Ward, whose fallibility against Croatia should have been accompanied by his demotion, was easily ghosted by Torres and his powerful shot mocked Shay Given's uncharacteristically feeble effort to save.
Ireland had arrived with adversity as a bedfellow; now it was their greatest enemy.
Suddenly cracks appeared everywhere; the peerless Andres Iniesta, it seemed, had a direct line through each and every one.
Given was Ireland's primary passer. With each long ball, desperation grew. By the break, Spain's players had passed the ball an average 35 times each. Ireland's figure was 13. Xabi Alonso passed more times than the entire Irish team.
The more Ireland slogged to retrieve the possession so selfishly guarded by the skillful Spanish, the less it appeared they seemed able to do much with it.
In truth, Kevin Doyle's presence would not have mattered a damn. Cox and Keane, when they tracked back, did so fruitlessly for the Spanish would not surrender the ball.
As the front pair dolefully limbered forward, one could see their heads drop in the realisation that they would not see it again for several moments.
John O'Shea, for whom this has also been a hugely disappointing tournament for someone so vastly experienced, once launched a high ball to the front, perhaps unaware that his manager had foregone the option of a target man.
In any event, lamentably, O'Shea's hopeless delivery didn't even make it into the same parish as the intended target.
With Ireland's veterans so below par -- Keane's yellow card typified another fitful display as his irrelevance grew exponentially -- what hope for the rest, notwithstanding the wonderful defiance of Andrews?
When Keane tried to hold the ball up in the corner flag, his renowned skill eluded him, within seconds, Spain were gleefully counter-attacking once more.
As Given's goal was peppered for the 10th time on the verge of the interval tea and oranges, Trapattoni, strangely subdued in the dugout all half, needed to take matters firmly in hand.
The beauty of soccer is that its scoring system allows for the extraordinary paradox of a side's utter dominance not always being reflected on the scoreboard.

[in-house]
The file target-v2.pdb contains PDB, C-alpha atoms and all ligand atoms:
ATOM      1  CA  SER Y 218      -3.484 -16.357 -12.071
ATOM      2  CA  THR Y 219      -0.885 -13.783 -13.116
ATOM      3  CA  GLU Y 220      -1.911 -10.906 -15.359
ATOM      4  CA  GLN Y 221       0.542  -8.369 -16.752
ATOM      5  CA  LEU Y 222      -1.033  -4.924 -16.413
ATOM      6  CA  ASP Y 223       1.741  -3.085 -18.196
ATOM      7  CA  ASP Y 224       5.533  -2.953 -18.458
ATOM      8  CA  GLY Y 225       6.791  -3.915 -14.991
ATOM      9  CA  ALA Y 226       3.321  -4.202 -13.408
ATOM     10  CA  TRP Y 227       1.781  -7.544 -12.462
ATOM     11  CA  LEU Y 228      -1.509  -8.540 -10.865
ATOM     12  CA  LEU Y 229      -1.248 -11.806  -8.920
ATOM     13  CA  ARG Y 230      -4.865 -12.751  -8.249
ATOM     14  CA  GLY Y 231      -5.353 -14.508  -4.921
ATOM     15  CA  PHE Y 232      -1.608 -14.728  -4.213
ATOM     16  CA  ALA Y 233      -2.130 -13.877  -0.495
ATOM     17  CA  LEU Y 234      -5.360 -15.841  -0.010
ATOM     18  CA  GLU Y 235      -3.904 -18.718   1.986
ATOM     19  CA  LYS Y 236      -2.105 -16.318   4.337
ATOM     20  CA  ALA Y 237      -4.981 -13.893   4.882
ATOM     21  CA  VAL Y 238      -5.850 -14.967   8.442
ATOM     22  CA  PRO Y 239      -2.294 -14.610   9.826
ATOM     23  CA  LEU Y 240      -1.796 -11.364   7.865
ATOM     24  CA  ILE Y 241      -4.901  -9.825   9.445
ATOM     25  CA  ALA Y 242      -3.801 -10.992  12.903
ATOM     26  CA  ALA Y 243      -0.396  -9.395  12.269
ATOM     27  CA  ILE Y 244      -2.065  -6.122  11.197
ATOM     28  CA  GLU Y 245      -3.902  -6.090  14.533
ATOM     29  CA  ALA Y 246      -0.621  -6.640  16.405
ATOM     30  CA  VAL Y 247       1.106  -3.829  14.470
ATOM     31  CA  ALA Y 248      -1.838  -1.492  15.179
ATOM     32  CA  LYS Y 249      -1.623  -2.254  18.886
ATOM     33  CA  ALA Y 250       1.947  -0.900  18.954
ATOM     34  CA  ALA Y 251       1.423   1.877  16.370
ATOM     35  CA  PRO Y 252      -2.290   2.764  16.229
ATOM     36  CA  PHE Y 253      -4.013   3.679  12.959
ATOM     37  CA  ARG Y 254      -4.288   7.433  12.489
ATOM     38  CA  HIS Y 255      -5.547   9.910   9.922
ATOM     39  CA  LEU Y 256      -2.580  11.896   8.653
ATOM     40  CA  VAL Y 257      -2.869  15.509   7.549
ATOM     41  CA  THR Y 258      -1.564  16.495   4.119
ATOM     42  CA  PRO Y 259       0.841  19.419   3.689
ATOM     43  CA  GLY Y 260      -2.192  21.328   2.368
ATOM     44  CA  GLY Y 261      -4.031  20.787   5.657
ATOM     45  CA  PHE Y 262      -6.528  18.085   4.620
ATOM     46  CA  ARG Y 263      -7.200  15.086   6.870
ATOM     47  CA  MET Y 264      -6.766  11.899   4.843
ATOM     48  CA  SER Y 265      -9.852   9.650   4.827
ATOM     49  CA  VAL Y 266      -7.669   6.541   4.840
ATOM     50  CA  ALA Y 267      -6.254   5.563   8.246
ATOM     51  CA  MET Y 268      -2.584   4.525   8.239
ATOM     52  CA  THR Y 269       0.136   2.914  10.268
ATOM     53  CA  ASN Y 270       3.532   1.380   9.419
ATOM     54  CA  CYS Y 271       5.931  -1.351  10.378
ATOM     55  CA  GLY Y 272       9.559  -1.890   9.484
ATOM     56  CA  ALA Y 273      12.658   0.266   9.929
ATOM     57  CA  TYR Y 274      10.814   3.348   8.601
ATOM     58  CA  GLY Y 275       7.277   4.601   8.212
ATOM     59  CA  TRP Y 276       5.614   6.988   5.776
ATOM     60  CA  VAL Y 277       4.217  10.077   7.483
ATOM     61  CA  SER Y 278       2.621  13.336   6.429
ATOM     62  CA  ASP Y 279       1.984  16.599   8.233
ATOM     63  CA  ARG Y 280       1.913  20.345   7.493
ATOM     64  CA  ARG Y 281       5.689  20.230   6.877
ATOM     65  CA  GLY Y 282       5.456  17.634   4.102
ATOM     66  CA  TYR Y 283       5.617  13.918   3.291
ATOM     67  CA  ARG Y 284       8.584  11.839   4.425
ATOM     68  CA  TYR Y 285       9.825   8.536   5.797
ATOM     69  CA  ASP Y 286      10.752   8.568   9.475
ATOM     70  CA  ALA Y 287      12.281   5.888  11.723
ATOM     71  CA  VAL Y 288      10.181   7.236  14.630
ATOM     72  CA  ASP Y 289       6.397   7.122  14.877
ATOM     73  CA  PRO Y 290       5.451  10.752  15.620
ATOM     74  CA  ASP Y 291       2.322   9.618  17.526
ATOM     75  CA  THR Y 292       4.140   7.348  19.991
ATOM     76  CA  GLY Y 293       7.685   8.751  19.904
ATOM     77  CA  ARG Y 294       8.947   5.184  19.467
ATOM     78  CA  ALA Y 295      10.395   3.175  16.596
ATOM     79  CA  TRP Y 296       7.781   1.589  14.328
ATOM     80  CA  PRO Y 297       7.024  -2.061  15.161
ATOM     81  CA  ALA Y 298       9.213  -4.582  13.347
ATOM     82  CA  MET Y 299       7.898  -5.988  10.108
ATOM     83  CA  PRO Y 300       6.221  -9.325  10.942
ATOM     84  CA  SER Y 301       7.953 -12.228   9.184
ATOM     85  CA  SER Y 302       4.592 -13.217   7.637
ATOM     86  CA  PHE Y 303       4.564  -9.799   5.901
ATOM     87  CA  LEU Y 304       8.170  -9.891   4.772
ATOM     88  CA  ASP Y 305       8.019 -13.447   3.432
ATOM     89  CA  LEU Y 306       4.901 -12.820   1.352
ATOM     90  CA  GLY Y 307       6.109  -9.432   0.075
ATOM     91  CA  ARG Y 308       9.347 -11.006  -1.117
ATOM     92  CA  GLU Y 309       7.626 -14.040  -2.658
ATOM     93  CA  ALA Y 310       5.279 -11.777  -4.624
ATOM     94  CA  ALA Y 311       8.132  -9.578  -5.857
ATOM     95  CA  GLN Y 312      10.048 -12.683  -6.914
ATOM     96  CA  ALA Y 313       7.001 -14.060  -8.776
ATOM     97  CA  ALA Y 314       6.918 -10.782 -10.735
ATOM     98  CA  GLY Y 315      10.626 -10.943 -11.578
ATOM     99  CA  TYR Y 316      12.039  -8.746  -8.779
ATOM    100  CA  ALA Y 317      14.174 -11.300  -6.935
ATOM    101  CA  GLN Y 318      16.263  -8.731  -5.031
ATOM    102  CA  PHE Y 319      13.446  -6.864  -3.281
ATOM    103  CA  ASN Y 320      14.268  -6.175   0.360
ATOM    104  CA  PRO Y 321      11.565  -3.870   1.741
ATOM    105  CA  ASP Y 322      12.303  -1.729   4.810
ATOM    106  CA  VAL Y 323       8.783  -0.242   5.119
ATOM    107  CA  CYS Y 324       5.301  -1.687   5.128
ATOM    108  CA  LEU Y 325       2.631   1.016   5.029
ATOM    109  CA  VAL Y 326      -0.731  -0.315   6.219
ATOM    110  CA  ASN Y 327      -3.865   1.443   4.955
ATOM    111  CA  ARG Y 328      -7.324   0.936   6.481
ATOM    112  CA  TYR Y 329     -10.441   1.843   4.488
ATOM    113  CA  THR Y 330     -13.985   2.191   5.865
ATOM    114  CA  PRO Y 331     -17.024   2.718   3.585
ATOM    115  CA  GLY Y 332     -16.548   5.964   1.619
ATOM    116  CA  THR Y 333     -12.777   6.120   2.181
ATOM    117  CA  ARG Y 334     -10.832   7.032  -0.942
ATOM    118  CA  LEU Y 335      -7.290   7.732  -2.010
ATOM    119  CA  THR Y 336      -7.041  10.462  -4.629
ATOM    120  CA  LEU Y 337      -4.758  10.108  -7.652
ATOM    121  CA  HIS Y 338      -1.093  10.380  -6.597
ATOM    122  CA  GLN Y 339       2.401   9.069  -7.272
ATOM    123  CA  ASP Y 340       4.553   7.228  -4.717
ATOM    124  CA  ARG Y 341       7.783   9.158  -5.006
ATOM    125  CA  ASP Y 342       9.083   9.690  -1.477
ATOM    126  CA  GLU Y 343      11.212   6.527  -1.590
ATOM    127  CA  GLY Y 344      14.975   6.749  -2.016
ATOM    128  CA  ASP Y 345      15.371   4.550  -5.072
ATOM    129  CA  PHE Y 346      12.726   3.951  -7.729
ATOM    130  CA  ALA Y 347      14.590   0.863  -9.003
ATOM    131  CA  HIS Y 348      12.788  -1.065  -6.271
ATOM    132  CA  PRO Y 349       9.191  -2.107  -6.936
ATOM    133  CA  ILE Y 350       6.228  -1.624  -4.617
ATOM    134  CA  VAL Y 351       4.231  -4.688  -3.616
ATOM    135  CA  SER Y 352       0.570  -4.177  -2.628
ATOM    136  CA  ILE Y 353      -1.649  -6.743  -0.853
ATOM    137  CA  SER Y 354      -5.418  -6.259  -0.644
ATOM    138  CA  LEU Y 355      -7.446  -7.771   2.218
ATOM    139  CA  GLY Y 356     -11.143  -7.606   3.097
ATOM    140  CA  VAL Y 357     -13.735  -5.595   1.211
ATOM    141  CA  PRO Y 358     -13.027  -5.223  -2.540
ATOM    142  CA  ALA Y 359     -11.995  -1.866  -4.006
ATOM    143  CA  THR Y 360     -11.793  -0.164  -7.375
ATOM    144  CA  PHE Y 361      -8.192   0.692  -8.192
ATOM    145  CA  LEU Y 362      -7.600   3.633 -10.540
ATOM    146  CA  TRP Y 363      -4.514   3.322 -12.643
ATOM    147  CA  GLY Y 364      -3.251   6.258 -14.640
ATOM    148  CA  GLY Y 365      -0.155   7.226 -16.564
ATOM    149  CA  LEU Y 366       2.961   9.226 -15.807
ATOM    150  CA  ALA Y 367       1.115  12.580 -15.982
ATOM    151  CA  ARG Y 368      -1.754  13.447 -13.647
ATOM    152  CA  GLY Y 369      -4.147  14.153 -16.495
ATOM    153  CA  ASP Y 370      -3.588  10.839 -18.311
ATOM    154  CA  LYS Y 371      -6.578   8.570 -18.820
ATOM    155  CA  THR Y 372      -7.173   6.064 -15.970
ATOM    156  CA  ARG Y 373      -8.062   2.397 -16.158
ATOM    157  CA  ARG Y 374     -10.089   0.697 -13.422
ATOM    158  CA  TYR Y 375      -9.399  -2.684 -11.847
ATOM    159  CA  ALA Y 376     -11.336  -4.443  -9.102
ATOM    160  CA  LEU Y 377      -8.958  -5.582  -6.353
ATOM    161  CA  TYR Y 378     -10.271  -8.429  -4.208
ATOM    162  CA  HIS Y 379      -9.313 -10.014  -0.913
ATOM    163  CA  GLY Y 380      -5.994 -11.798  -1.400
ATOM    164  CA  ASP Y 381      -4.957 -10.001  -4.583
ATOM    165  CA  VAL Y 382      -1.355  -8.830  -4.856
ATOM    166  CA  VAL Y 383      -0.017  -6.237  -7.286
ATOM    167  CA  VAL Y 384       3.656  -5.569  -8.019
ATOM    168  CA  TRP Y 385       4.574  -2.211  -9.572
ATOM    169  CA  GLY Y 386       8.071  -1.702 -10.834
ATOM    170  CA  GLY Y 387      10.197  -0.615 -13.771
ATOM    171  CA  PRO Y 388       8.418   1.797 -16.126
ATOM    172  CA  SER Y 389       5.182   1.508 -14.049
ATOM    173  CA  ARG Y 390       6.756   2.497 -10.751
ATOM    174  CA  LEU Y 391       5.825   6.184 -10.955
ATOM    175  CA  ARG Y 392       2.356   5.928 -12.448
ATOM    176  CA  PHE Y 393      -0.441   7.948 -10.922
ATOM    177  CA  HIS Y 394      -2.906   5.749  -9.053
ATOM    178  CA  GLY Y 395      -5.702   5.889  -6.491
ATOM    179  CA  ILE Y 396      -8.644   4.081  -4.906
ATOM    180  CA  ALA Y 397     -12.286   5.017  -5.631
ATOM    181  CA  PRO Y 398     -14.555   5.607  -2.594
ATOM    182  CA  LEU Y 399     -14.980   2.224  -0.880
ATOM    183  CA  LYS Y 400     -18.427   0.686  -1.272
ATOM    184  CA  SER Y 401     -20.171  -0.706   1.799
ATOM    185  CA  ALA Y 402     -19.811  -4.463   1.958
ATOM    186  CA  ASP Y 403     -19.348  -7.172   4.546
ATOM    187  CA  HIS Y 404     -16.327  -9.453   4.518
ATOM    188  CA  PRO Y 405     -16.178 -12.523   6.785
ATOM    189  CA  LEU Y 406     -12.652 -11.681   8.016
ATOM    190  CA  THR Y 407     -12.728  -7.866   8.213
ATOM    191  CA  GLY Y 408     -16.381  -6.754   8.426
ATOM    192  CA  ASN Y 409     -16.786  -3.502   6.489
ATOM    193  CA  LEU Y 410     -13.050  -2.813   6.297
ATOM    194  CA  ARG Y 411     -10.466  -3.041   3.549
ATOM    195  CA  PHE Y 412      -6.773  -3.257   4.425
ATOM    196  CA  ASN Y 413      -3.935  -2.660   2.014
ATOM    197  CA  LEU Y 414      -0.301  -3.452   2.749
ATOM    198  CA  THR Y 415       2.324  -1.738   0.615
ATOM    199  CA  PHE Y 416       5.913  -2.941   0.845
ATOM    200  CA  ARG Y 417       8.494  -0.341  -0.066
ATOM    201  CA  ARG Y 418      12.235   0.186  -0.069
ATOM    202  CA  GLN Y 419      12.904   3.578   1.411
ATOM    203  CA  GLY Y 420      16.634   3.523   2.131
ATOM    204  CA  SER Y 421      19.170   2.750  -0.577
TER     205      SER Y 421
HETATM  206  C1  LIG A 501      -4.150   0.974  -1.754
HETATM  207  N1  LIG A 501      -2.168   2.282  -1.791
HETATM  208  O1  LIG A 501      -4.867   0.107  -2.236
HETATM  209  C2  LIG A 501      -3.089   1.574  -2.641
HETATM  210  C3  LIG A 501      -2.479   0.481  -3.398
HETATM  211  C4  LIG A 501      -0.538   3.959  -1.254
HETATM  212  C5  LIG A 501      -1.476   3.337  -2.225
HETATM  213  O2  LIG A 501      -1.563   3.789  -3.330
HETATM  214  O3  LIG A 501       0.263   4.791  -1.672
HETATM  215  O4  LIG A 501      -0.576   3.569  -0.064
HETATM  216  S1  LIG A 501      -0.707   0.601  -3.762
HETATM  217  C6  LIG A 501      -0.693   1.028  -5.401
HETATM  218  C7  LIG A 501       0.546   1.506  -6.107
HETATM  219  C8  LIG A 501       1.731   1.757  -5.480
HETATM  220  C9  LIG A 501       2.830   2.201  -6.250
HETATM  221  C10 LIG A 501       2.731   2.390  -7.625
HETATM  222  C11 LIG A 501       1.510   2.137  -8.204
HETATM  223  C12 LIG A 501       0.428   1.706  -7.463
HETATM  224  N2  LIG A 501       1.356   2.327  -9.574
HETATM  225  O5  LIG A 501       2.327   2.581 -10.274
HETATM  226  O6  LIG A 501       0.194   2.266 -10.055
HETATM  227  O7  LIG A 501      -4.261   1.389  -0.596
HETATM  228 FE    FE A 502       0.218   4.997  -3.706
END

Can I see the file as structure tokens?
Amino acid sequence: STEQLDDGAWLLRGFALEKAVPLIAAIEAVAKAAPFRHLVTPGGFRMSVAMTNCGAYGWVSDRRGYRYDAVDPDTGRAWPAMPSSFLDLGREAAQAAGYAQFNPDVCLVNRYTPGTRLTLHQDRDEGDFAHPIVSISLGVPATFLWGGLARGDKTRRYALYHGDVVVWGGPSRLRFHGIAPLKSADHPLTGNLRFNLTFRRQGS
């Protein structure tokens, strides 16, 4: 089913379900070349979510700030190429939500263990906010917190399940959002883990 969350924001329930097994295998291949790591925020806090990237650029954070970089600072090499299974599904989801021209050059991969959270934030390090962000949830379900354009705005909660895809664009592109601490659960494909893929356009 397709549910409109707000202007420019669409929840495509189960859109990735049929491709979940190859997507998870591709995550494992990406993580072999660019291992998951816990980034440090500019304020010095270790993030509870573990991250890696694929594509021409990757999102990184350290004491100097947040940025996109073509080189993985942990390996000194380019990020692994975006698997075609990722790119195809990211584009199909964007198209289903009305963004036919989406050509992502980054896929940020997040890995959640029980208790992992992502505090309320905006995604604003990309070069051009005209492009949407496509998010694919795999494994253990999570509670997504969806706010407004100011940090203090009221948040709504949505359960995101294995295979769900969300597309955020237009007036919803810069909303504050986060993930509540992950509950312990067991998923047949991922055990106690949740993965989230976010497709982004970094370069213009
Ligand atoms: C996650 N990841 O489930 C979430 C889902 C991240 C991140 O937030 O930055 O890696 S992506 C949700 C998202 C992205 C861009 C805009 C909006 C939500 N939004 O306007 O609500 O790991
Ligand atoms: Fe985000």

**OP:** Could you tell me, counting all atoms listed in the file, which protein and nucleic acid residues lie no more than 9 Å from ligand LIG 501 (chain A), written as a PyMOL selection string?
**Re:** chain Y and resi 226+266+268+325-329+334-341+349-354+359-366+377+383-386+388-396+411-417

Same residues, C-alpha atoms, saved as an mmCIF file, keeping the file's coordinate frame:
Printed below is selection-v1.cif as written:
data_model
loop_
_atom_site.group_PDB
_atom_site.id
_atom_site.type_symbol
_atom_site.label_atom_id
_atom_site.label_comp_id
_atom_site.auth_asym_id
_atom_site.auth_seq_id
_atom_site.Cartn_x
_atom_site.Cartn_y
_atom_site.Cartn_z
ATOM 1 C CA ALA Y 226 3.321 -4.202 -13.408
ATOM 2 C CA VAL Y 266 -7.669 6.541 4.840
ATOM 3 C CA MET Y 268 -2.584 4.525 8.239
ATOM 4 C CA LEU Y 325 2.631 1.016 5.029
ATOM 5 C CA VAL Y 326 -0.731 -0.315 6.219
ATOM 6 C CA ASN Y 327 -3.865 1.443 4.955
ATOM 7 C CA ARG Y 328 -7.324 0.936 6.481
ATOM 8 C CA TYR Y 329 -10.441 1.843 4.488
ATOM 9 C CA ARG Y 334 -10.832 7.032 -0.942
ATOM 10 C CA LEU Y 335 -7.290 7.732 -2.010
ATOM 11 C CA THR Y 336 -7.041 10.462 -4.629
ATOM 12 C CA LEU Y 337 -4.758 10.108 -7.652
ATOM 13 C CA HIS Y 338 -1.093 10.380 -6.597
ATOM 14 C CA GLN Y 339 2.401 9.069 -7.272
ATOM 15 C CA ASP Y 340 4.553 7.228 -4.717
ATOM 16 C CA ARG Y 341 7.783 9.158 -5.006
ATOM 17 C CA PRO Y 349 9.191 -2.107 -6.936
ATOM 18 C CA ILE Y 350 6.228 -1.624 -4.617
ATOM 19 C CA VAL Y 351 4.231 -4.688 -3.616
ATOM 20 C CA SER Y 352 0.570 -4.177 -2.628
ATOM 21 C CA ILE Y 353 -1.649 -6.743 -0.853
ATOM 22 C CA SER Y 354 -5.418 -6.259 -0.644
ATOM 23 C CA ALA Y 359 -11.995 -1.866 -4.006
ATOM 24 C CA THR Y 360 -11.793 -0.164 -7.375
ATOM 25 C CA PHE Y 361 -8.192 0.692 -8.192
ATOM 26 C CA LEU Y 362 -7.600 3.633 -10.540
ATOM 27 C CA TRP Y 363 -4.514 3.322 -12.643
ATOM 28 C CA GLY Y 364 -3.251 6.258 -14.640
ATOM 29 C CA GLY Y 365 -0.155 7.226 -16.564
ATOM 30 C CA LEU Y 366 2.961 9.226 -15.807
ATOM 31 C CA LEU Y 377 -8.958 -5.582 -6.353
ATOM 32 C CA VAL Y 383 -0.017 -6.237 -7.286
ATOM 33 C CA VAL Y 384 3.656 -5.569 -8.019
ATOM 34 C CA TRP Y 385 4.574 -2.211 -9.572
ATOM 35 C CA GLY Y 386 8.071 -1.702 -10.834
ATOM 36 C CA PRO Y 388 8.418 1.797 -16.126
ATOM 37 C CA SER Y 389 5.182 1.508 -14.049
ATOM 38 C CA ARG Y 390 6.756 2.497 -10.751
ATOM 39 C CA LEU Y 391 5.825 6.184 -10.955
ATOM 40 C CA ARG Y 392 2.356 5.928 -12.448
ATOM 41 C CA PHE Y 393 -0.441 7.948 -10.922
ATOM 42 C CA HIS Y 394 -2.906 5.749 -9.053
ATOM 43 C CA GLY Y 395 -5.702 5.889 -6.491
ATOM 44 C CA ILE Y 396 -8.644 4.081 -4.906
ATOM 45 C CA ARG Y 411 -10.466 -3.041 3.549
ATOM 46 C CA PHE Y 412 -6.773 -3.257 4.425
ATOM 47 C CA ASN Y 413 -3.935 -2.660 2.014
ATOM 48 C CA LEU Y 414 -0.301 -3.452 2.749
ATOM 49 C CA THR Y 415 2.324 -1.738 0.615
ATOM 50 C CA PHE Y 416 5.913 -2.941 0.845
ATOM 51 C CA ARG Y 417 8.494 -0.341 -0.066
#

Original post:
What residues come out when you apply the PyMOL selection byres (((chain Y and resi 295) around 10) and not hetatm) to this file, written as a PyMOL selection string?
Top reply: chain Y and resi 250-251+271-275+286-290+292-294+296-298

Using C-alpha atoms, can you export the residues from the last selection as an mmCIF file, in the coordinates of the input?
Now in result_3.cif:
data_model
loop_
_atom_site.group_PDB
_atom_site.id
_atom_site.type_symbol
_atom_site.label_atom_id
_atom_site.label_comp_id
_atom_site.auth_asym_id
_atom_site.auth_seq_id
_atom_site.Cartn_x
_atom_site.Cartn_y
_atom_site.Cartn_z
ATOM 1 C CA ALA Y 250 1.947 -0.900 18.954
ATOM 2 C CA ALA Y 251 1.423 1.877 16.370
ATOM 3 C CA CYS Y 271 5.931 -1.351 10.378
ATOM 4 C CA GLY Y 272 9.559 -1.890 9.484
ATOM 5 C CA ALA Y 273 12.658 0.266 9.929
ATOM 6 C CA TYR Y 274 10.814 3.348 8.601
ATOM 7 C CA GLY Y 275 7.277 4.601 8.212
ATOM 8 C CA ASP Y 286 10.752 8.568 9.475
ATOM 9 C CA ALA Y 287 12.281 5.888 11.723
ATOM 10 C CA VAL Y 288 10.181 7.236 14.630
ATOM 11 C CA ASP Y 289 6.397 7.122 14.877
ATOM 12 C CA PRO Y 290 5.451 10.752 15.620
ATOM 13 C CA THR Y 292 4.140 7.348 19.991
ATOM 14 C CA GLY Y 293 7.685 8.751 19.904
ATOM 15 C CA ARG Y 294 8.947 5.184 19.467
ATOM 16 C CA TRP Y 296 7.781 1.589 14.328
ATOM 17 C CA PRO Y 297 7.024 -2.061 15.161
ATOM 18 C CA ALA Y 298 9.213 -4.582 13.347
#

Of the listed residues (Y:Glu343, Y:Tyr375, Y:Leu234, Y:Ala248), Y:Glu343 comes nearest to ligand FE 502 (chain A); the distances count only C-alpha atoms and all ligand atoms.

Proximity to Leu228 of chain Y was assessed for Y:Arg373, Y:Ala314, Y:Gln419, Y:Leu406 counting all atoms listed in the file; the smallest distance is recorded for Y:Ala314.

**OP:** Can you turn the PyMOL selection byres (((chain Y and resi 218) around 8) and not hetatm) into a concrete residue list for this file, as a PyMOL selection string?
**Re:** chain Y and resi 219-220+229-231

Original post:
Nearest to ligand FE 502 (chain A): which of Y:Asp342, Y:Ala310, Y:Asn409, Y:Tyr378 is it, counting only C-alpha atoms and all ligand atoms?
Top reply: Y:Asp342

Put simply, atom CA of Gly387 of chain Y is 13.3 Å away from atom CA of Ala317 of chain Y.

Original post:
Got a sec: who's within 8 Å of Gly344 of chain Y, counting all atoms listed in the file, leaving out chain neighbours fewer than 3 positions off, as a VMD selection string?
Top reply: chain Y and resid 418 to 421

Ireland's defensive resilience had been Trojan in reducing Spain to the minimum margin.
With hope flickering, Trapattoni did at half-time what he should have done before the game. He brought on Jonathan Walters; acknowledging that his audacious gamble had been undermined by his own crude style of management.
In team sport, the greatest influences a manager can have are early in both halves, when he has issued his final instructions.
This has not been a happy tournament in that respect for Trapattoni.
Within minutes of the fourth stuttering half of Ireland's tournament, the dream fell further away from their grasp, Given sadly exposed yet again with an awful parry, David Silva then lining up a trio of stunned Irish defenders to teasingly roll the ball into the corner.
Spain concluded as if this were an exhibition. In many ways, it was and Ireland could arguably have done little about it.
Would that the Irish players been allowed to believe a bit more in their own abilities though, however limited their myopic manager might view them.
Trapattoni often chides the ignorance of those in this country who think there should be an aspiration to combine decent football with a winning mentality.
Mercifully, Spain manage to do both.
If Ireland's manager cannot try to change his worldview, then there is little point in listening to the same stultifying tune for another two years.
Especially when the end result is inevitable.